Anyway, once they get into the partying that they wanted to be a part of so badly, they manage to catch the attention of a gangster rapper who calls himself Alien (James Franco). He’s a White kid who’s from the hoods of Florida and has made a name for himself in the drug game over the years. He hopes to translate all of that work into an honest living that sees him become a huge rapper doing performances across the world.
Once he charms the girls, and gets to know them a bit better, Alien introduces them to a world that they would have never imagined being a part of. Soon after that, the party atmosphere that Faith and her friends craved for becomes begins to take a turn toward a scarier aspect of life as their fun in the sun turns dark as they go deeper into the world that Alien was born and raised in. From there, the girls time in Florida not only includes drugs, sex and booze, it also welcomes potential murder to the dance.
The second part of Spring Breakers has more of a violent edge to t I guess, but it’s done in nearly the same way. It’s focus is more on the life of Alien and it has a bit more of a story involved. The whole thing is just wacky and it’s hard to take any of it seriously or anything. I sat back wondering what was going on, because I hadn’t really seen anything like this before. I don’t think calling this a movie would be accurate. It’s weird and it literally left me baffled.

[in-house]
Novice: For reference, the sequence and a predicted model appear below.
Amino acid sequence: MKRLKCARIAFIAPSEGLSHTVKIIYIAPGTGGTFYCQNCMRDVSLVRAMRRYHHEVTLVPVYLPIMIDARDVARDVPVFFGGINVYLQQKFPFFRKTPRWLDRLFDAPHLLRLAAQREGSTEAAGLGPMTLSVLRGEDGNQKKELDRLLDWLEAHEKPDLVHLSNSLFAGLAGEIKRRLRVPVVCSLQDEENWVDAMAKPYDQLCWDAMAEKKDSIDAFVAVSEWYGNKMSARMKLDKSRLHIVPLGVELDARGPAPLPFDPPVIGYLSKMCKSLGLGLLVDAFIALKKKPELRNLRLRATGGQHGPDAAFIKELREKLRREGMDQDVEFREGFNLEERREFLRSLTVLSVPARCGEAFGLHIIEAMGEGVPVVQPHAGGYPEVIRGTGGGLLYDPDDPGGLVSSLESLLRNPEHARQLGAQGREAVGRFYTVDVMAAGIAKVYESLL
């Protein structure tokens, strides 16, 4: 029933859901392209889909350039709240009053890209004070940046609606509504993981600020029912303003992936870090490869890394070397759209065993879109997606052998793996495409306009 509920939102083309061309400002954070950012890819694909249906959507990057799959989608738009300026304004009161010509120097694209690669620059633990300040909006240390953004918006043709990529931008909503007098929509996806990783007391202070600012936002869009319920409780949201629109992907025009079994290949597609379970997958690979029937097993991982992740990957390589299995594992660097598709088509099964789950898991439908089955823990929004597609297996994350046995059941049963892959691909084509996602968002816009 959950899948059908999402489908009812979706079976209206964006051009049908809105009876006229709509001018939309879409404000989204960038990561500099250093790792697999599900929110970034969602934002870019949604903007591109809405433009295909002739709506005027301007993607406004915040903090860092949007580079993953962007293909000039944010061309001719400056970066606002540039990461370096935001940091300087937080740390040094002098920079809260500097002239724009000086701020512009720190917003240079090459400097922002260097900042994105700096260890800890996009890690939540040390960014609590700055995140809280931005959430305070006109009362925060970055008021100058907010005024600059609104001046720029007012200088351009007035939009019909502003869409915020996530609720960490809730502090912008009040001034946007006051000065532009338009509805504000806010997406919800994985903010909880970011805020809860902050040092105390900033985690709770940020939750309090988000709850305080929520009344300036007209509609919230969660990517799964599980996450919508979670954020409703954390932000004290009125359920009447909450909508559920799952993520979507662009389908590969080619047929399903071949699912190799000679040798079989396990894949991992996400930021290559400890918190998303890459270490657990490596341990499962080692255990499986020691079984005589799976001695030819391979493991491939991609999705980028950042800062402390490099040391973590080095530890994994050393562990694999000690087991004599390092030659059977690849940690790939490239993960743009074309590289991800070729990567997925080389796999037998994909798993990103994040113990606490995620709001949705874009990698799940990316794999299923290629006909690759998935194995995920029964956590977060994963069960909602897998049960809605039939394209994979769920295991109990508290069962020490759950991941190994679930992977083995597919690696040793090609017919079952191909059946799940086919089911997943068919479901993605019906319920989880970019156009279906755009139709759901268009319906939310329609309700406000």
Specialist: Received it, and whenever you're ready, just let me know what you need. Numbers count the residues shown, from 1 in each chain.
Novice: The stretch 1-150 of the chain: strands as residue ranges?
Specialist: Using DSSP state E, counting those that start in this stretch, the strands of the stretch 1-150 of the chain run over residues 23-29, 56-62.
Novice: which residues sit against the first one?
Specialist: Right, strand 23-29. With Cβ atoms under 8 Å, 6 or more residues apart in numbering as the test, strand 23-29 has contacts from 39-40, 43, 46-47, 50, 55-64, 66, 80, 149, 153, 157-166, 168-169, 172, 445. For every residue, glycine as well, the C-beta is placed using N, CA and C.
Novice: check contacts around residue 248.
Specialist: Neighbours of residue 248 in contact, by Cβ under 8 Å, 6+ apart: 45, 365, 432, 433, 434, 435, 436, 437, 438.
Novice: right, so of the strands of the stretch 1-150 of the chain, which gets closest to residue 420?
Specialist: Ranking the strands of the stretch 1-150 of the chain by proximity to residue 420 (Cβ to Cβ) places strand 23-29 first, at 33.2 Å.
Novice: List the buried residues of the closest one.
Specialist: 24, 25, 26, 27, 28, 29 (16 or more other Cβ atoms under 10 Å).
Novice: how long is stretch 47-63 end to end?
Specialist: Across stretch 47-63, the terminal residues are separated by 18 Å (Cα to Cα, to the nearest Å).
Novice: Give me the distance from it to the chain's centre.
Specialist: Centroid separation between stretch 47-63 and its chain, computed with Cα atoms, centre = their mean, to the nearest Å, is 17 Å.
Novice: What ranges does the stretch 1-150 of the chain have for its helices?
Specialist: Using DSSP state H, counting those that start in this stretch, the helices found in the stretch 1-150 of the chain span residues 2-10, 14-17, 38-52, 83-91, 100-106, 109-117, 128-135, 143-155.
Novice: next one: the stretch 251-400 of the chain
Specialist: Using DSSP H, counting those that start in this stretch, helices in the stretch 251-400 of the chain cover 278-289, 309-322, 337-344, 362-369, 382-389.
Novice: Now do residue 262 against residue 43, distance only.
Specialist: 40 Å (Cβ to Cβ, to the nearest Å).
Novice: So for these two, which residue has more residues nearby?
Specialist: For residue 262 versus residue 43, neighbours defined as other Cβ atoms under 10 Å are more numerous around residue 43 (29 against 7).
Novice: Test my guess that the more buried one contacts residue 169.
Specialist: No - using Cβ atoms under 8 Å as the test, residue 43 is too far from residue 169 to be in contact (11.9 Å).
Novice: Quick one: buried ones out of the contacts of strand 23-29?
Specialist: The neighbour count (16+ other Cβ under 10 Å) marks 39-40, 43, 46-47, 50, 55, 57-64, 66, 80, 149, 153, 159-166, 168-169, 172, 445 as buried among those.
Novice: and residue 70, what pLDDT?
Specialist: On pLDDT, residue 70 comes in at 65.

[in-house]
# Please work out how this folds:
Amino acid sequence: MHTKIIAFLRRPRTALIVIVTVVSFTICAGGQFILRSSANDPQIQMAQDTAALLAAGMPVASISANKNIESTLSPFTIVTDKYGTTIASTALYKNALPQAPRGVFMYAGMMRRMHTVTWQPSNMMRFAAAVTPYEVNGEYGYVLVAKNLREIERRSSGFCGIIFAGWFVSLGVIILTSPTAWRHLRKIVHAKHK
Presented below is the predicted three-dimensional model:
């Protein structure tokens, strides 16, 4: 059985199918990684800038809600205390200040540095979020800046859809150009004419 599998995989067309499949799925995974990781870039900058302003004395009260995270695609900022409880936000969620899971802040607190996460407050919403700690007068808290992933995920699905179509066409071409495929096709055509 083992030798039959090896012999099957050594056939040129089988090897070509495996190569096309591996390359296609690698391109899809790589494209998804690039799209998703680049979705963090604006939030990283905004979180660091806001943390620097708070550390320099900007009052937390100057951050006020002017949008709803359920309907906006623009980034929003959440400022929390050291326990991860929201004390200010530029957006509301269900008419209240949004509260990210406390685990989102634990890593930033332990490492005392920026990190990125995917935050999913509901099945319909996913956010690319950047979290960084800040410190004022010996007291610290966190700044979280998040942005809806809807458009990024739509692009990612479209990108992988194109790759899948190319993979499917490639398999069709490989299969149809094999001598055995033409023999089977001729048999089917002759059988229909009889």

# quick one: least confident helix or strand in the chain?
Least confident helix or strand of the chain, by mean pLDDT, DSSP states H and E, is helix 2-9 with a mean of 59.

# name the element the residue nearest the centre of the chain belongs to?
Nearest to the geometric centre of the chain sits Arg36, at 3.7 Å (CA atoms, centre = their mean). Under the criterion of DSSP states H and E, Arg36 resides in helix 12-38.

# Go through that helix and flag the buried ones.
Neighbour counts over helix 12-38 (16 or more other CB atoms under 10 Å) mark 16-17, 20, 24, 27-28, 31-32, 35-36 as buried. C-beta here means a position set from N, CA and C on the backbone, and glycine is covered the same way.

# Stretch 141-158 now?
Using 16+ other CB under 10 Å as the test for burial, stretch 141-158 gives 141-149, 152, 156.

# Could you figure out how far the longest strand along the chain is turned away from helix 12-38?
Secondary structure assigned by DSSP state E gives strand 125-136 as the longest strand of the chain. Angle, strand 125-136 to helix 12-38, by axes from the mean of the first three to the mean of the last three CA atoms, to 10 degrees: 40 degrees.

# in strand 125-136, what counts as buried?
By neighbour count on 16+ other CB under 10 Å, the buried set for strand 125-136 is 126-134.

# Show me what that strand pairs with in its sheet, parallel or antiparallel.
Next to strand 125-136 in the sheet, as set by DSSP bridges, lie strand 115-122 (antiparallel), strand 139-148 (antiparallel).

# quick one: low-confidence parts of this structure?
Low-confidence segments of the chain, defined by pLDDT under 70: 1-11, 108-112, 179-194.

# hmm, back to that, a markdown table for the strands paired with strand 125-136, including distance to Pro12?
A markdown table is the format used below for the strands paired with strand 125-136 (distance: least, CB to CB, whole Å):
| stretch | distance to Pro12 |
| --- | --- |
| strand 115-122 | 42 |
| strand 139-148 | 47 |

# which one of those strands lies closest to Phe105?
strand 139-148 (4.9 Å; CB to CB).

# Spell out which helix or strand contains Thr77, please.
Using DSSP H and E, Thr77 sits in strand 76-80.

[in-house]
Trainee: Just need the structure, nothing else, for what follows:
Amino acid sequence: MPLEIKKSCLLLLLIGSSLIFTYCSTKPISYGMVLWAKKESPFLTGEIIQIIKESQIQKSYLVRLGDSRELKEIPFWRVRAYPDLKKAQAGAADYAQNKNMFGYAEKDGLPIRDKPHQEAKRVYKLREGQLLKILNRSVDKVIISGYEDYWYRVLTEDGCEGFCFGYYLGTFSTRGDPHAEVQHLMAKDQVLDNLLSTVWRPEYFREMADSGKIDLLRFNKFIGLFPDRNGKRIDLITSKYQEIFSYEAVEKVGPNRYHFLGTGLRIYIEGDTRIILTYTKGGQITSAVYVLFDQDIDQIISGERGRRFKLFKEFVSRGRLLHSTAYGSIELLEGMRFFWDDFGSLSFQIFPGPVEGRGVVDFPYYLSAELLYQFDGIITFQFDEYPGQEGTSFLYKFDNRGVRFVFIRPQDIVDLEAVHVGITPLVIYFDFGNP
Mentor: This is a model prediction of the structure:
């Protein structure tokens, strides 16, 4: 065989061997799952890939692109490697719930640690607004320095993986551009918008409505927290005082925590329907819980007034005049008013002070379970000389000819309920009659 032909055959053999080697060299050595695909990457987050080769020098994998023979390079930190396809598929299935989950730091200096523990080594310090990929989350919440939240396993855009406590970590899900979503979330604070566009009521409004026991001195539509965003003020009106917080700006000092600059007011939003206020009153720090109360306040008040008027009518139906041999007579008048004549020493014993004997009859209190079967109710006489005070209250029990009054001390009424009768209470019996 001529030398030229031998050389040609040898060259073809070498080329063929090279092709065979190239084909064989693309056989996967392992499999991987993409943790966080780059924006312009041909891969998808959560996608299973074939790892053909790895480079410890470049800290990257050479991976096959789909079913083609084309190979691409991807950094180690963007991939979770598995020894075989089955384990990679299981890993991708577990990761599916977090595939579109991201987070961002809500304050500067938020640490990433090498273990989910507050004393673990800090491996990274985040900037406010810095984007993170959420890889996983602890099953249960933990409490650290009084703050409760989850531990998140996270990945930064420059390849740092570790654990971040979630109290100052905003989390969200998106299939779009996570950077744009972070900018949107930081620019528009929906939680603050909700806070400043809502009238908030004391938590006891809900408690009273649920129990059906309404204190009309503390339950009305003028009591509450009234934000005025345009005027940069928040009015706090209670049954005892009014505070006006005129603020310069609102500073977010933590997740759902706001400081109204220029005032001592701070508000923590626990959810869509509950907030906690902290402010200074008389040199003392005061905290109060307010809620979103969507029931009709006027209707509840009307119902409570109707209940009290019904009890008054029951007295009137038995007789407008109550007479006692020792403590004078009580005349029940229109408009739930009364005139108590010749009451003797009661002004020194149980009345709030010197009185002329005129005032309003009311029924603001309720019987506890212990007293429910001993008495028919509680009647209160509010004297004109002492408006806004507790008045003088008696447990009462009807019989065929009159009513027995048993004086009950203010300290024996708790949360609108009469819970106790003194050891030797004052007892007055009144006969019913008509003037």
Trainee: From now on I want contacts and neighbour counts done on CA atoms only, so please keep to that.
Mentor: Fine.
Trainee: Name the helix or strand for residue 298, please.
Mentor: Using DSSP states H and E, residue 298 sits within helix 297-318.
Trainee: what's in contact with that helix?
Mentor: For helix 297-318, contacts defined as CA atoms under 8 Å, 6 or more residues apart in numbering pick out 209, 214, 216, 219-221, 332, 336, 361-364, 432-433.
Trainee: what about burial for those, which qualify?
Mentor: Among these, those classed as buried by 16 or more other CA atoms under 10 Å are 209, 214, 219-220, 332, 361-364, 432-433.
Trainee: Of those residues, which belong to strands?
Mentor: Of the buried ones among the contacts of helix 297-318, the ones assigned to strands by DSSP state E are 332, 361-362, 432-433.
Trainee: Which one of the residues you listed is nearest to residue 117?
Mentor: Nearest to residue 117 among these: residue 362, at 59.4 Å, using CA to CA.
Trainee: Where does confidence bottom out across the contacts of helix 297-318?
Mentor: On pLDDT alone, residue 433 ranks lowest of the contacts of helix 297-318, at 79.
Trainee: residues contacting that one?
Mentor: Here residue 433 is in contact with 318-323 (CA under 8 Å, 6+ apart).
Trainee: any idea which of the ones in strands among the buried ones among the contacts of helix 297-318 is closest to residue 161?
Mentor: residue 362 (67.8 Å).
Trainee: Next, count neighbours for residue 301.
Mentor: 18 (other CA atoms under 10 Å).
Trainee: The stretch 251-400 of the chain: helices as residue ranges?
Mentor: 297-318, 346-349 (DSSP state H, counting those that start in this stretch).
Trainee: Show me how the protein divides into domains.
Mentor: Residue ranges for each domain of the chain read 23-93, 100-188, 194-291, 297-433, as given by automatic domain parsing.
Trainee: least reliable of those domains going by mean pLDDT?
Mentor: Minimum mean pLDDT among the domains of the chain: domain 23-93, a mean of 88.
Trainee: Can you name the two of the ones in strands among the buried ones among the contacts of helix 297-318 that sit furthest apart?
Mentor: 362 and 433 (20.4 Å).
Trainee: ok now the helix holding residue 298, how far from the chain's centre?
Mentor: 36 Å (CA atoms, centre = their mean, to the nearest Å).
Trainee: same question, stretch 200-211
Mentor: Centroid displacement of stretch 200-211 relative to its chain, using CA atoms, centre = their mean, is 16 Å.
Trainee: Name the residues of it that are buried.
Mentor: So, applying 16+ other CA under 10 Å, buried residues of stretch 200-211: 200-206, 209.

I’d describe the first portion of Spring Breakers by saying it’s kind of like those Girls Gone Wild videos that used to come out years ago. It’s non-stop partying with topless chicks and people yelling. The second portion feels as if someone gave a crackhead a camera and some material to write a script and told him to come up with a story while he’s high. I’ve never done any kind of drugs and I would always advice against doing them, but I’m assuming this may be what it feels like at its best.
I left the theater thinking “WTF did I just see?” This is one of those rare times where I can’t say if something that I just finished watching was bad or good. Spring Breakers is too bad and too unstructured to be good, but it’s too engaging (thanks to James Franco) and too weird for me to call it out-and-out bad. It just is what it is. I don’t know if I should even try to think of it in any other way, because I don’t think it is anything more than that.
Because of all that it’s not (a movie), I can’t allow myself to give this a positive score. I don’t hate it, but it’s not really a movie and it has no real structure or value. Will it help Selena Gomez and Vanessa Hudgens be seen as more mature in the long run? It’s a start I guess, but they’d both be better off choosing movies that actually show off some skill that they may or may not have. Especially Selena Gomez. She doesn’t do much outside of speaking a few lines, pouting and smiling every now and then.
For everyone that’s going to see Spring Breakers when they get the chance, you will see a lot of nudity from plenty of chicks during its 92 minute running time, but you won’t get to see Ms. Gomez or Ms. Hudgens without their bathing suits. I know some of you are probably going in wanting to see that, but you’d be disappointed. They’re trying to be more mature, but they haven’t gone that far for a feature yet. Maybe they will, maybe they won’t. I don’t care either way.
Director: Harmony Korine
Film Length: 92 minutes
Release Date: March 22, 2013
Distributor: A24 Films